On appeal to the Appellate Division. Certified to the Supreme Court on its own motion.
For reversal -- Chief Justice Vanderbilt, and Justices Case, Heher, Oliphant, Wachenfeld and Burling. For affirmance -- None. The opinion of the court was delivered by Case, J.
Clinton B. Lohsen, formerly and claiming still to be municipal manager of the Borough of Keansburg, instituted this suit in the Superior Court, Law Division, by filing a complaint entitled "Complaint in Lieu of Certiorari and Quo Warranto " attacking (1) a resolution of the municipal council of the borough passed on May 24, 1949, by the affirmative vote of two of the three members, purporting to appoint Ralph O. Williams as acting municipal manager and (2) a direction from the council calling upon Lohsen to turn in the records, books and property of the borough. The action of the council in effect removed Lohsen from office, although there had been no charges, no hearing and no resolution of direct removal. Defendants answered. Affidavits were filed and a stipulation was made at pretrial conference, followed by cross motions for summary judgment. The court concluded that the successive appointments under which plaintiff served contained provisions inconsistent with tenure, that plaintiff in accepting the appointments was governed by those provisions and that he thereby waived whatever claim of tenure he might otherwise have had under either R.S. 40:82-3 or R.S. 40:47-60. The motion by plaintiff for summary judgment was denied and the like motion by defendants was granted. Plaintiff appeals.
Plaintiff was originally appointed on May 3, 1927. The resolution of appointment fixed an annual salary but made no mention of term. There were subsequent resolutions: one, passed May 28, 1929, making an appointment "to hold office during the pleasure of the municipal council;" another, passed May 23, 1933, "to hold office until December 31, 1933;" others, passed respectively on May 25, 1937, May 27, 1941, and May 22, 1945, appointed plaintiff "to serve at the pleasure of the municipal council." Following each appointment plaintiff took and filed an oath of office. Apparently he served from December 31, 1933, to May 25, 1937, without formal appointment. From his assumption of office in May, 1927, until May 24, 1949, he rendered uninterrupted service and was paid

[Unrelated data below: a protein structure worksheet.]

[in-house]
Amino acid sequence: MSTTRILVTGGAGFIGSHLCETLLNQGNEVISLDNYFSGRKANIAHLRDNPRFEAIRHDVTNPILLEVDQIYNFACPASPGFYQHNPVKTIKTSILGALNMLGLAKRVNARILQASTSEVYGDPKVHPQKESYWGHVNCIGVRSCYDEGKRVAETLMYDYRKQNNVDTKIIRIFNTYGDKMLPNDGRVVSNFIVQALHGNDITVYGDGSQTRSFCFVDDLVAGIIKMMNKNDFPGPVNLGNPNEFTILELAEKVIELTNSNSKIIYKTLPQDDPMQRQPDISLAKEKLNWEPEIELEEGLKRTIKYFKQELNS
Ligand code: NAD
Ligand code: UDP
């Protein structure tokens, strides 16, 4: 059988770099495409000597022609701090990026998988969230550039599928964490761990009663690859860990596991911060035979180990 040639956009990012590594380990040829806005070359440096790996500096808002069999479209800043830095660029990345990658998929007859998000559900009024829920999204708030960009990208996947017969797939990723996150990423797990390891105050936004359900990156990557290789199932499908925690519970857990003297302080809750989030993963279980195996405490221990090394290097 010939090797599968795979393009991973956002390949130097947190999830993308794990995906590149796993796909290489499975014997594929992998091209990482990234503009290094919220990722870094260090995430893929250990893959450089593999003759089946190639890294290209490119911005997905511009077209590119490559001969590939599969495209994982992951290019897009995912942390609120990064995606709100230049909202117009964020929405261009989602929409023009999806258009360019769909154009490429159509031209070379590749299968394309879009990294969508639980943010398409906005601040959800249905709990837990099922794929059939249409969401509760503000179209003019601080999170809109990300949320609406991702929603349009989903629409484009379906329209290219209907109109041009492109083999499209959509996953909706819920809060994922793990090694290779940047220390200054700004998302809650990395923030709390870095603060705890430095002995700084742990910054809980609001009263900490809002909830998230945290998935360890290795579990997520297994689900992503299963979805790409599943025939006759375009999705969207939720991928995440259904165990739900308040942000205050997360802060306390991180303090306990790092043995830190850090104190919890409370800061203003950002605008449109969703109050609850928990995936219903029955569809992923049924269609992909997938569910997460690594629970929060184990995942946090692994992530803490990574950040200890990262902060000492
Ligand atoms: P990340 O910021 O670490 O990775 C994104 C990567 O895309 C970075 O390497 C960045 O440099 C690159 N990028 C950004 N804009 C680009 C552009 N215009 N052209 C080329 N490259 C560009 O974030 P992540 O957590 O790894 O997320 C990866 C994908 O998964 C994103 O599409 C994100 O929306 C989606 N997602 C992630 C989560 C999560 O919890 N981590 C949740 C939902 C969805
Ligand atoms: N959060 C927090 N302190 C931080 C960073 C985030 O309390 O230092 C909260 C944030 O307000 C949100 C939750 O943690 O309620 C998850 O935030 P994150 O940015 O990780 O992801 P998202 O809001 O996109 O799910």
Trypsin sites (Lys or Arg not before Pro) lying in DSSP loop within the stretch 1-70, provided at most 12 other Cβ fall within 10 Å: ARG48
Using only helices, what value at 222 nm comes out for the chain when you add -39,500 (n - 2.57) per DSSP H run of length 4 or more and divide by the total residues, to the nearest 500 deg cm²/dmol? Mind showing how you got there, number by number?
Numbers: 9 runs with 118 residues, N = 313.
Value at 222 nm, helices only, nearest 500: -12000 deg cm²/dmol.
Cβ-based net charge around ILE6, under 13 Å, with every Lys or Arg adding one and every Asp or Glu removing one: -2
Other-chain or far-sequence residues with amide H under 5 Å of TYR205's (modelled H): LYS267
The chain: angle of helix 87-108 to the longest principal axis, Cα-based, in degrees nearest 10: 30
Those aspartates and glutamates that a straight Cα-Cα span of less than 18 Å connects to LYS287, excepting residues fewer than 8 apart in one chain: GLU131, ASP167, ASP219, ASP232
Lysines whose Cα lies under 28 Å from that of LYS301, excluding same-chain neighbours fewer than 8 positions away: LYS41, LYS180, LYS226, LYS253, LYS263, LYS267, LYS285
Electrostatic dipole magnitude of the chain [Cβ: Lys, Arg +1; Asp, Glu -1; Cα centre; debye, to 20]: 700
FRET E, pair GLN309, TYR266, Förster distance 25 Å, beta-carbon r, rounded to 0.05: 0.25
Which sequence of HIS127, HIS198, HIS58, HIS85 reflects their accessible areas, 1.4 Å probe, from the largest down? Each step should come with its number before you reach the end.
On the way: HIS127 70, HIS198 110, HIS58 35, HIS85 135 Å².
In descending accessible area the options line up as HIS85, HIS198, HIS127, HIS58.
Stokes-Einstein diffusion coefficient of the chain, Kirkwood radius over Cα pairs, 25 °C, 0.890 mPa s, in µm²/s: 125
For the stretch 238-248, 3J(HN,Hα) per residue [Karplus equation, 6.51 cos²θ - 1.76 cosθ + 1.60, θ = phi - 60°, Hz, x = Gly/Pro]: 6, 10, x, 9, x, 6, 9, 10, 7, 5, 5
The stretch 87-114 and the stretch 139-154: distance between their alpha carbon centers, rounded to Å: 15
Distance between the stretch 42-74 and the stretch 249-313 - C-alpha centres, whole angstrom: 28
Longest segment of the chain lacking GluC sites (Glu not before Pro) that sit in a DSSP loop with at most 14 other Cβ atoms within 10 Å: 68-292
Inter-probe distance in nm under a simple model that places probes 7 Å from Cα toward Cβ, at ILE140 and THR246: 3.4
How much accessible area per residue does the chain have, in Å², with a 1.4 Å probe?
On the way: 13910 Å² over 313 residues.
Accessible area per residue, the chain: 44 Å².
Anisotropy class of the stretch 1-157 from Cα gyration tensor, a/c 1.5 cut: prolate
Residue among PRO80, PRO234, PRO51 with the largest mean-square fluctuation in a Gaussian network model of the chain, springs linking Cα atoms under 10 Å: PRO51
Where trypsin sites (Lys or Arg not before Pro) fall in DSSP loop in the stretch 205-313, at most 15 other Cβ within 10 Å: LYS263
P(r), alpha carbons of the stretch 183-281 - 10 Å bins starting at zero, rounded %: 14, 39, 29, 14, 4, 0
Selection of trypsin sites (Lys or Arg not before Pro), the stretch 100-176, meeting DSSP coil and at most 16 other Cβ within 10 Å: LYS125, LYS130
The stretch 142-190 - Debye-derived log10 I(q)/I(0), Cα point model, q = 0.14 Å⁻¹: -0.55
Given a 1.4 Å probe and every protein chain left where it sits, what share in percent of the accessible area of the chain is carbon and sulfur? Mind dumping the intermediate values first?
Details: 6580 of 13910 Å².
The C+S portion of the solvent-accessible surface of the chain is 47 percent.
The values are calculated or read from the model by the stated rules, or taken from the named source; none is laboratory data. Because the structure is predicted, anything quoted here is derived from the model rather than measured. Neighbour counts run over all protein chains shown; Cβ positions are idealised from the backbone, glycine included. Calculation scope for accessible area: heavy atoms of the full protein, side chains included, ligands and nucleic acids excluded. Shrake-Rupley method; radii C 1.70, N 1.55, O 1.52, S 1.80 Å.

the prescribed salary. At the municipal election on May 10, 1949, a ticket placed in opposition to the previous administration succeeded in electing two of the three borough councilmen. On May 24, 1949, the new council, as stated above, appointed Ralph O. Williams acting municipal manager. Williams was sworn forthwith and assumed the duties of the office. On the face of the statute, infra, it seems, prima facie, that plaintiff has acquired tenure. We therefore take up defendants' points, seriatim, arguing contra.
Defendants first argue that the term of office of a municipal manager cannot extend beyond the term of the municipal council appointing him. That has no legal force unless to it be appended the proviso that the statute is not otherwise; and with the inclusion of that hypothesis the point, in our opinion, falls.
The municipal manager form of government was put on the statute books by ch. 113, P.L. 1923. It became effective as to any municipality only when adopted by a referendum vote. The Borough of Keansburg voted to adopt the legislation. Section 802 of the act required the municipal manager to become a resident of the municipality within three months after his appointment and to continue a resident throughout his period of service; it became R.S. 40:82-2 and has remained the same upon the issues here presented. Section 803 provided that the municipal manager should "hold office as long as he shall perform the duties of his office to the satisfaction of the municipal council. He may be removed at any time by a resolution signed by one more than a majority of the municipal council setting forth the reasons for such removal." Section 803 appeared in the Revision of 1937 as R.S. 40:82-3; it had already been amended by ch. 264, § 4, P.L. 1927, which provided that the resolution of removal might be signed by a majority of the municipal council instead of, as theretofore, by one more than a majority, and by ch. 159, P.L. 1936, which restored the requirement for signature by one more than a majority and added a provision that the removal should be "for cause, after hearing." The full reading
of R.S. 40:82-3, as it was at the times of plaintiff's last three appointments, was as follows (ch. 159, P.L. 1936):
"The municipal manager shall hold office as long as he shall perform the duties of his office to the satisfaction of the municipal council. He may be removed at any time for cause, after hearing, by a resolution signed by one more than a majority of all the members of the municipal council setting forth the reasons for such removal."
The section was further amended by ch. 202, P.L. 1948, to read as follows:
"The municipal manager shall hold office as long as he shall perform the duties of his office to the satisfaction of the municipal council. During the first three consecutive calendar years of his employment he may be removed for or without cause and after said three-year period of employment he may be removed only for cause, after hearing, by a resolution signed by one more than a ...